Workers and contractors for Sunoco Pipeline begin an 'additional investigation' of geological conditions behind homes at Lisa Drive, West Whiteland Township, Chester County where the company has been drilling for construction of the Mariner East 2 and 2X pipelines.

Jon Hurdle

Pipeline opponents offer their own $10k reward for information on Mariner East vandalism

  • Susan Phillips
Pipeline workers probe the ground on Lisa Drive in West Whiteland Township where sinkholes have developed as a result of the Mariner East 2 construction. Vandalism to pipeline construction equipment has garnered two separate $10,000 rewards.

Pipeline workers probe the ground on Lisa Drive in West Whiteland Township where sinkholes have developed as a result of the Mariner East 2 construction. Vandalism to pipeline construction equipment nearby has garnered two separate $10,000 rewards.

Two separate $10,000 rewards are now offered for information on who vandalized a backhoe and bulldozer last week in West Whiteland Township, Chester County. The damaged construction equipment belongs to Sunoco/Energy Transfer Partners, which is building the controversial Mariner East 2 pipeline through the township.

Sunoco announced its $10,000 reward last week, and pointed the finger at environmental activists. This week, the Middletown Coalition of Community Safety, a group critical of the Mariner East pipelines, has offered its own $10,000 reward, positing the damage could have been self-inflicted by Sunoco to “change the conversation” about the pipeline. Neither group has direct evidence for their competing claims.

“We condemn property damage regardless of who does it,” said Middletown Coalition of Community Safety member Eric Friedman. “Frankly, I’d like to get to the bottom of it.”

Friedman says the heavy security presence on the pipeline route makes him wonder how this vandalism happened. He is a vocal critic of the Mariner East 2 pipeline, raising issues surrounding eminent domain as well as the safety of natural gas liquids traveling through densely populated areas.

Energy Transfer Partners/Sunoco spokeswoman Lisa Dillinger rejected the Coalition’s speculation that the pipeline company would have damaged its own equipment.

“It is silly to think we would damage our own equipment and it is unequivocally not true,” wrote Dillinger in an email. The security on the pipeline route, she said, is for the safety of Sunoco’s workers and people who live and work near the construction site.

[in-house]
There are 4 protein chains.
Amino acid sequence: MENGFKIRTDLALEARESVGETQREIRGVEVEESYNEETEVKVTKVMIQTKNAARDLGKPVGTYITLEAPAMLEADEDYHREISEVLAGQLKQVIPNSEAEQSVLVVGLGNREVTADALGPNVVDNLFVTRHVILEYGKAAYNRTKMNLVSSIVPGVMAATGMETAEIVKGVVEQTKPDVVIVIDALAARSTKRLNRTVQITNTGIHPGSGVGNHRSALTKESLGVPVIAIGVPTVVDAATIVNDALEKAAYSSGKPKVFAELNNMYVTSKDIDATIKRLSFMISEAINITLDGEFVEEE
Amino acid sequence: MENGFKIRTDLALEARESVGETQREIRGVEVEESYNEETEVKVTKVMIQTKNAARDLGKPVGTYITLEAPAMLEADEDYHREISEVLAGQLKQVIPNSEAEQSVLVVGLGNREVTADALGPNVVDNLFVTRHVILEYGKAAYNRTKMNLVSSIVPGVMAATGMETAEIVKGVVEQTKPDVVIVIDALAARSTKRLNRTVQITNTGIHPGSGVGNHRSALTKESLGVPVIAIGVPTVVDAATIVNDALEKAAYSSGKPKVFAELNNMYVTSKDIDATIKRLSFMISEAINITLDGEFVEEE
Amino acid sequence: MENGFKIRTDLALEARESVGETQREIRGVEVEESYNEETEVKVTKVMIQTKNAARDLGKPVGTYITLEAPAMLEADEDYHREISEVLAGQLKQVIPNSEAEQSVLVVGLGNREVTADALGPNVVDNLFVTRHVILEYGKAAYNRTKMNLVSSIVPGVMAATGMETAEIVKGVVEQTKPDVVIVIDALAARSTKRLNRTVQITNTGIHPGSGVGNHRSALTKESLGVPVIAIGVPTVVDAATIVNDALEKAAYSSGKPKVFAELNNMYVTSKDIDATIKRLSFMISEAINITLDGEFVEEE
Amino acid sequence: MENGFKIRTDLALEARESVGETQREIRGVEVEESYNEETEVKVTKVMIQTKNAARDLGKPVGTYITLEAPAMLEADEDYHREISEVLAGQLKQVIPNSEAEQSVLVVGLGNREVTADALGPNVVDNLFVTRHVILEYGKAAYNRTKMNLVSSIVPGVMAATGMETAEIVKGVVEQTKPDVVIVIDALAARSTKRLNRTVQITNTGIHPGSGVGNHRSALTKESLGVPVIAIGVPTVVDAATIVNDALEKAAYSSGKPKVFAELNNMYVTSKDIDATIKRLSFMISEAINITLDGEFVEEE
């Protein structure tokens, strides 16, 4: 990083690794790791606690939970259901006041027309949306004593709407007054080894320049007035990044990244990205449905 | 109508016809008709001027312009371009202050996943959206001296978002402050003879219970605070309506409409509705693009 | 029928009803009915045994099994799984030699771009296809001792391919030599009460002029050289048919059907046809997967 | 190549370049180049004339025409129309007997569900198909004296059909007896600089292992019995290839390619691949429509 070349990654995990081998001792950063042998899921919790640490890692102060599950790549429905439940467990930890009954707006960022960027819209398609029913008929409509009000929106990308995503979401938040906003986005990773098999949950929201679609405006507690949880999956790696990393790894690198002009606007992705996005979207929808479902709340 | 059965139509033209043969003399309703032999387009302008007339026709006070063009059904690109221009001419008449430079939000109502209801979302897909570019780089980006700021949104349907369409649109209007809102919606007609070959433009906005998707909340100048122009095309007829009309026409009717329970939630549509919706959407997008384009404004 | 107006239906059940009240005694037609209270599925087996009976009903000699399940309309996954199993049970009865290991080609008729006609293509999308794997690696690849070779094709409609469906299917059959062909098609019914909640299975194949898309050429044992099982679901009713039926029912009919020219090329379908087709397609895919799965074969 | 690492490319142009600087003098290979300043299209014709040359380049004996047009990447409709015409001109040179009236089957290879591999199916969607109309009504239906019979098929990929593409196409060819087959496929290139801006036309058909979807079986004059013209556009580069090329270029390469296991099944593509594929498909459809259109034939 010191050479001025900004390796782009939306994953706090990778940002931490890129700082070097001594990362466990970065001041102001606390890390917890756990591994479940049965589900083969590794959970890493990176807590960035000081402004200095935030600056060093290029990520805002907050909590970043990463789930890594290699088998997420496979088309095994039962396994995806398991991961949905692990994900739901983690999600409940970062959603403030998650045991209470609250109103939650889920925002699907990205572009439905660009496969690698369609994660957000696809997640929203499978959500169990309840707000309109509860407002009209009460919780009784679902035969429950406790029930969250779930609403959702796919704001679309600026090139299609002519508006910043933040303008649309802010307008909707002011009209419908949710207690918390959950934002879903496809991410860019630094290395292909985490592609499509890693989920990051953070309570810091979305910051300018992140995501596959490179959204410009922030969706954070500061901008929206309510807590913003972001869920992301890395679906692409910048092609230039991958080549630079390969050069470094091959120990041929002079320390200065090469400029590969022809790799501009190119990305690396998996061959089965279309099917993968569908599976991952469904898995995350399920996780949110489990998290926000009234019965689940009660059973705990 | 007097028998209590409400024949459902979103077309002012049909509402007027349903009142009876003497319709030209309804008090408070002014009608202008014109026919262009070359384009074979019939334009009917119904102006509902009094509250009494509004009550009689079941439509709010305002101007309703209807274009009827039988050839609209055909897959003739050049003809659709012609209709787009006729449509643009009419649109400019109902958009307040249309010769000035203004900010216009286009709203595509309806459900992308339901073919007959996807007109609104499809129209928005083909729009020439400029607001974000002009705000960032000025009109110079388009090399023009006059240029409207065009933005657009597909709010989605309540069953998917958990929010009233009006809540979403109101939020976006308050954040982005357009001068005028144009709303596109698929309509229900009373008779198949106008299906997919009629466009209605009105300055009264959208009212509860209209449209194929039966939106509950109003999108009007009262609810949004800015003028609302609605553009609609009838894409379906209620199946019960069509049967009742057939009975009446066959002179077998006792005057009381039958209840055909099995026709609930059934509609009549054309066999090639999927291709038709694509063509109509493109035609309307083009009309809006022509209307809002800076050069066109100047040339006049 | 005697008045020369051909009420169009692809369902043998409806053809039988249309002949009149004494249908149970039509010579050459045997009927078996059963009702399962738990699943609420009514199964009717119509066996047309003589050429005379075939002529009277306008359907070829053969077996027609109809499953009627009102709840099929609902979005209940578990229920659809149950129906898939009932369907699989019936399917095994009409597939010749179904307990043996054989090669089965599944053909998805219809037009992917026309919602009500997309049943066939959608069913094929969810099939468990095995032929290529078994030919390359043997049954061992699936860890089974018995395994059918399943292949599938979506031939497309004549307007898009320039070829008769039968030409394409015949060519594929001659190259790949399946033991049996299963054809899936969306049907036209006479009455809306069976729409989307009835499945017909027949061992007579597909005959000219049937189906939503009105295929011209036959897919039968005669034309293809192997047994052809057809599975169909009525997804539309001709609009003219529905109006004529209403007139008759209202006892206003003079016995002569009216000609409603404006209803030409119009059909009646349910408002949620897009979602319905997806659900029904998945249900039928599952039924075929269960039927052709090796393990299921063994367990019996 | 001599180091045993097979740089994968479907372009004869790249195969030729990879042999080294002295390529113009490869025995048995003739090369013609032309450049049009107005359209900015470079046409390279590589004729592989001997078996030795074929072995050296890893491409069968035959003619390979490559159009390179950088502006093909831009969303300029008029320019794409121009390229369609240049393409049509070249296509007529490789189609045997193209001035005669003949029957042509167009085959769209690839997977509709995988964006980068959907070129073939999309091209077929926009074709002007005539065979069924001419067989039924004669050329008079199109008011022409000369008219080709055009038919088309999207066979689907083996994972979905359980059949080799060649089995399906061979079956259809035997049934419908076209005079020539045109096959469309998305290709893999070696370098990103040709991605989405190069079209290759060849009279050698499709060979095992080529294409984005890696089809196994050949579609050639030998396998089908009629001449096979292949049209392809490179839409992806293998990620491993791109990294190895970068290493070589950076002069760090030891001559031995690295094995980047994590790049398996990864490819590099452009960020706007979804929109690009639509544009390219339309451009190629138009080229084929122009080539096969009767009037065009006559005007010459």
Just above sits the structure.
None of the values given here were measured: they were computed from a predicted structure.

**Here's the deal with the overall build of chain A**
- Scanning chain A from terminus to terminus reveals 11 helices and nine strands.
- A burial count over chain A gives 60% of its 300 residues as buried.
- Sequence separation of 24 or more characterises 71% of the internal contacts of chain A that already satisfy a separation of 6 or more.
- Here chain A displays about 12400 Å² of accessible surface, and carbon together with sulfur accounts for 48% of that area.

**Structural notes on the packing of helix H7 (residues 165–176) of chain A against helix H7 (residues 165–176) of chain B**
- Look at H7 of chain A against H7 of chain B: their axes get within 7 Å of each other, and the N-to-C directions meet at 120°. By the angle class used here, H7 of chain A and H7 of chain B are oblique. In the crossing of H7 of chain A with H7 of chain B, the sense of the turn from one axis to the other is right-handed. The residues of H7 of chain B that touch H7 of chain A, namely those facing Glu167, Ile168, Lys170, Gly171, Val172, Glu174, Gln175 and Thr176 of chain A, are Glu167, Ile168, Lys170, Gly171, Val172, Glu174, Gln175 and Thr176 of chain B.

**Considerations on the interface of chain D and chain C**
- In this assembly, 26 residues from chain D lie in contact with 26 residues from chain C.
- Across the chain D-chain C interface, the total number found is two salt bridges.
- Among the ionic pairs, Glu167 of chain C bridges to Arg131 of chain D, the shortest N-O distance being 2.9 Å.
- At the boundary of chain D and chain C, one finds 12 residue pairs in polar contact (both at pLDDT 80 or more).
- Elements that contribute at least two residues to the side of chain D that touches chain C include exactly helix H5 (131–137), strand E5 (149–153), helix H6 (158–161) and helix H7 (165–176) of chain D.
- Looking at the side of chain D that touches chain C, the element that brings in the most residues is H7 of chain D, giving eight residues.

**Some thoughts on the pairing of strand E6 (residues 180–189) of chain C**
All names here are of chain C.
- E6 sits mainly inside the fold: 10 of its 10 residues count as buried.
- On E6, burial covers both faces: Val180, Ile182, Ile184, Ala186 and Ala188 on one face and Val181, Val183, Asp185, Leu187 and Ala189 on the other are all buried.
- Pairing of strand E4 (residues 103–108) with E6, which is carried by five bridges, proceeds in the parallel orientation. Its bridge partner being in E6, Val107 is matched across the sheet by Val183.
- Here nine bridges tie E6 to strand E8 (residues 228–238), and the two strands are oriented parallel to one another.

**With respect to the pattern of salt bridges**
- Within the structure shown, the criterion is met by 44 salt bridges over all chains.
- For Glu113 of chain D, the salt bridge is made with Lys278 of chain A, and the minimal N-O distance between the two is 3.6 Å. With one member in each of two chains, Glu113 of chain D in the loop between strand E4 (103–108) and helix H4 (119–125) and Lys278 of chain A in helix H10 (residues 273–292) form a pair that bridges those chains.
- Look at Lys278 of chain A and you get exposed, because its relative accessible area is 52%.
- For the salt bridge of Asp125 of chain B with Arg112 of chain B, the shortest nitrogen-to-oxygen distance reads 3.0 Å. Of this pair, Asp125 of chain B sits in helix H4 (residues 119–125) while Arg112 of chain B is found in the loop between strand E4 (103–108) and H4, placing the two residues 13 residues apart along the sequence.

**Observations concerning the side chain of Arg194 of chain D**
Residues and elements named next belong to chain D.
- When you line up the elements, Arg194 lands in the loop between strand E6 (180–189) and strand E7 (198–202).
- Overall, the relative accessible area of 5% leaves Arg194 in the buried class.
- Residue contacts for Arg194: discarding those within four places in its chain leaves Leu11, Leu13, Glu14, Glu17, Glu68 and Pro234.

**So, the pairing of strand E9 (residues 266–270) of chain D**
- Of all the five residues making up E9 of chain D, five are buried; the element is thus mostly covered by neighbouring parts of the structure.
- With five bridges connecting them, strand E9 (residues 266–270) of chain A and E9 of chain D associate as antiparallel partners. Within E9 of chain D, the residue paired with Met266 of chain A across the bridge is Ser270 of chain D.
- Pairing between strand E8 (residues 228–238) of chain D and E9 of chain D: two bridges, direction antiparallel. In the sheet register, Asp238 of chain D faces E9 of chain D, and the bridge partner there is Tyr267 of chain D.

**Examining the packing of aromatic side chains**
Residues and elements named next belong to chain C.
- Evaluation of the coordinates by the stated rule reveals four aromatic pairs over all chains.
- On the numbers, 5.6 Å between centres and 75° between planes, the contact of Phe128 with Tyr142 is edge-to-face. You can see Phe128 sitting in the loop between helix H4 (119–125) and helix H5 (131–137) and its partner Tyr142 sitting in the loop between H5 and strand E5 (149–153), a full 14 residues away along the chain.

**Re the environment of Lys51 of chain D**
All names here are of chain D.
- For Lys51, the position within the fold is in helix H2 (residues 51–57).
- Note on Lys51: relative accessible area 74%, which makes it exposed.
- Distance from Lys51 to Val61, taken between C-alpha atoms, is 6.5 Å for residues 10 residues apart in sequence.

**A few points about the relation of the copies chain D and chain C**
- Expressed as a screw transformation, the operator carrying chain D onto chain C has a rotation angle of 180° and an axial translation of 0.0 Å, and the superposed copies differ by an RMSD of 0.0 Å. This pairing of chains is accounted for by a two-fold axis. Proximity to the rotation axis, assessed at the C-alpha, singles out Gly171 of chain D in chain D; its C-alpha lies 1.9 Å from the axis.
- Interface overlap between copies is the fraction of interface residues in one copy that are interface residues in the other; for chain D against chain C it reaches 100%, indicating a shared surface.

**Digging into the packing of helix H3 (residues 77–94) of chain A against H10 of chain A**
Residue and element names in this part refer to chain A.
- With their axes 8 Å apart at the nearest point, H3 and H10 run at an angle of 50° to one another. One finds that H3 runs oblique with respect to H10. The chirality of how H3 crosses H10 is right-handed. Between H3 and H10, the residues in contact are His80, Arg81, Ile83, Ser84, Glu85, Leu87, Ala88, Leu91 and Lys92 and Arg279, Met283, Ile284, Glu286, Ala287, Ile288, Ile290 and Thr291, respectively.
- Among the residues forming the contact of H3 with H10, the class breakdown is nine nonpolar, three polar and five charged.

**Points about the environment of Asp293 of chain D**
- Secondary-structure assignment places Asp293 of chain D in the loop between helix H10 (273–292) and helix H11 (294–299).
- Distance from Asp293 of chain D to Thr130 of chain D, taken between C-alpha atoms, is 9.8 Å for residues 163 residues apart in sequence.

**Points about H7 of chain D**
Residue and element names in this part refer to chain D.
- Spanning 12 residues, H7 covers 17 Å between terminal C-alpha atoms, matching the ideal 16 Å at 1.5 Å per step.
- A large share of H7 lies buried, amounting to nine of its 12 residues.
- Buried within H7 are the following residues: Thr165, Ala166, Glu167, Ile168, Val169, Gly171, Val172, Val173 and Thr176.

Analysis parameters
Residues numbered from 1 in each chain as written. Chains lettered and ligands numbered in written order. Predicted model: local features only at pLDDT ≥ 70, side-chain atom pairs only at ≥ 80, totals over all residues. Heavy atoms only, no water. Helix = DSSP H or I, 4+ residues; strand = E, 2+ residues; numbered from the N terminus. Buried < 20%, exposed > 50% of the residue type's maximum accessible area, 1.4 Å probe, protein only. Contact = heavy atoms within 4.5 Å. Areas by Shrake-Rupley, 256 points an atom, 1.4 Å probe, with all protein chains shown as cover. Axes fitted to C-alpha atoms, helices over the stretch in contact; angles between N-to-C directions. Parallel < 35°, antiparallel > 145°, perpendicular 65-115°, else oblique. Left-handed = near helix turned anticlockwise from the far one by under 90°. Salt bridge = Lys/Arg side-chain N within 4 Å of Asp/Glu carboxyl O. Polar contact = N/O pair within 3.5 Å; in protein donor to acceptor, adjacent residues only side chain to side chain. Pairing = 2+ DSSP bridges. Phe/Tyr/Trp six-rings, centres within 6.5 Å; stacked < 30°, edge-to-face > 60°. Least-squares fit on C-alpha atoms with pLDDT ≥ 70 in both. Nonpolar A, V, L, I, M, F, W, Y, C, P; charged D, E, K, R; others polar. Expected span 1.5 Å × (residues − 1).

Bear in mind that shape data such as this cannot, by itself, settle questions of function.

West Whiteland Township police chief Joseph Catov Jr. said the investigation is still open.

“We don’t have any leads,” Catov said. “We’re hoping someone will come forward.”

Last week, Catov said the vandals cut hydraulic and fuel lines and some wiring, tried to seal the cab of one vehicle using silicone, and may have poured sand into a diesel tank.The damage occurred April 2 and 3, Sunoco said.

A year ago, two activists with the Catholic Worker movement admitted to damaging Energy Transfer Partners’ Dakota Access pipeline in Iowa.

The company has made similar allegations against activists in the past. Last August Energy Transfer Partners told the Federal Energy Regulatory Commission that pipeline opponents were to blame for adding diesel fuel to 2 million gallons of drilling fluid that spilled into Ohio’s Tuscarawas River wetland during construction of the Rover pipeline. Ohio authorities said the diesel fuel was present in a number of locations where the company’s drilling mud entered the wetland.

ETP/Sunoco’s pipeline construction has damaged well water in Chester County and created sinkholes, leading to greater opposition among residents.

Friedman said Sunoco’s statement that environmental activists damaged their equipment is “a little ironic because the damage that I know of has all been done by Sunoco.”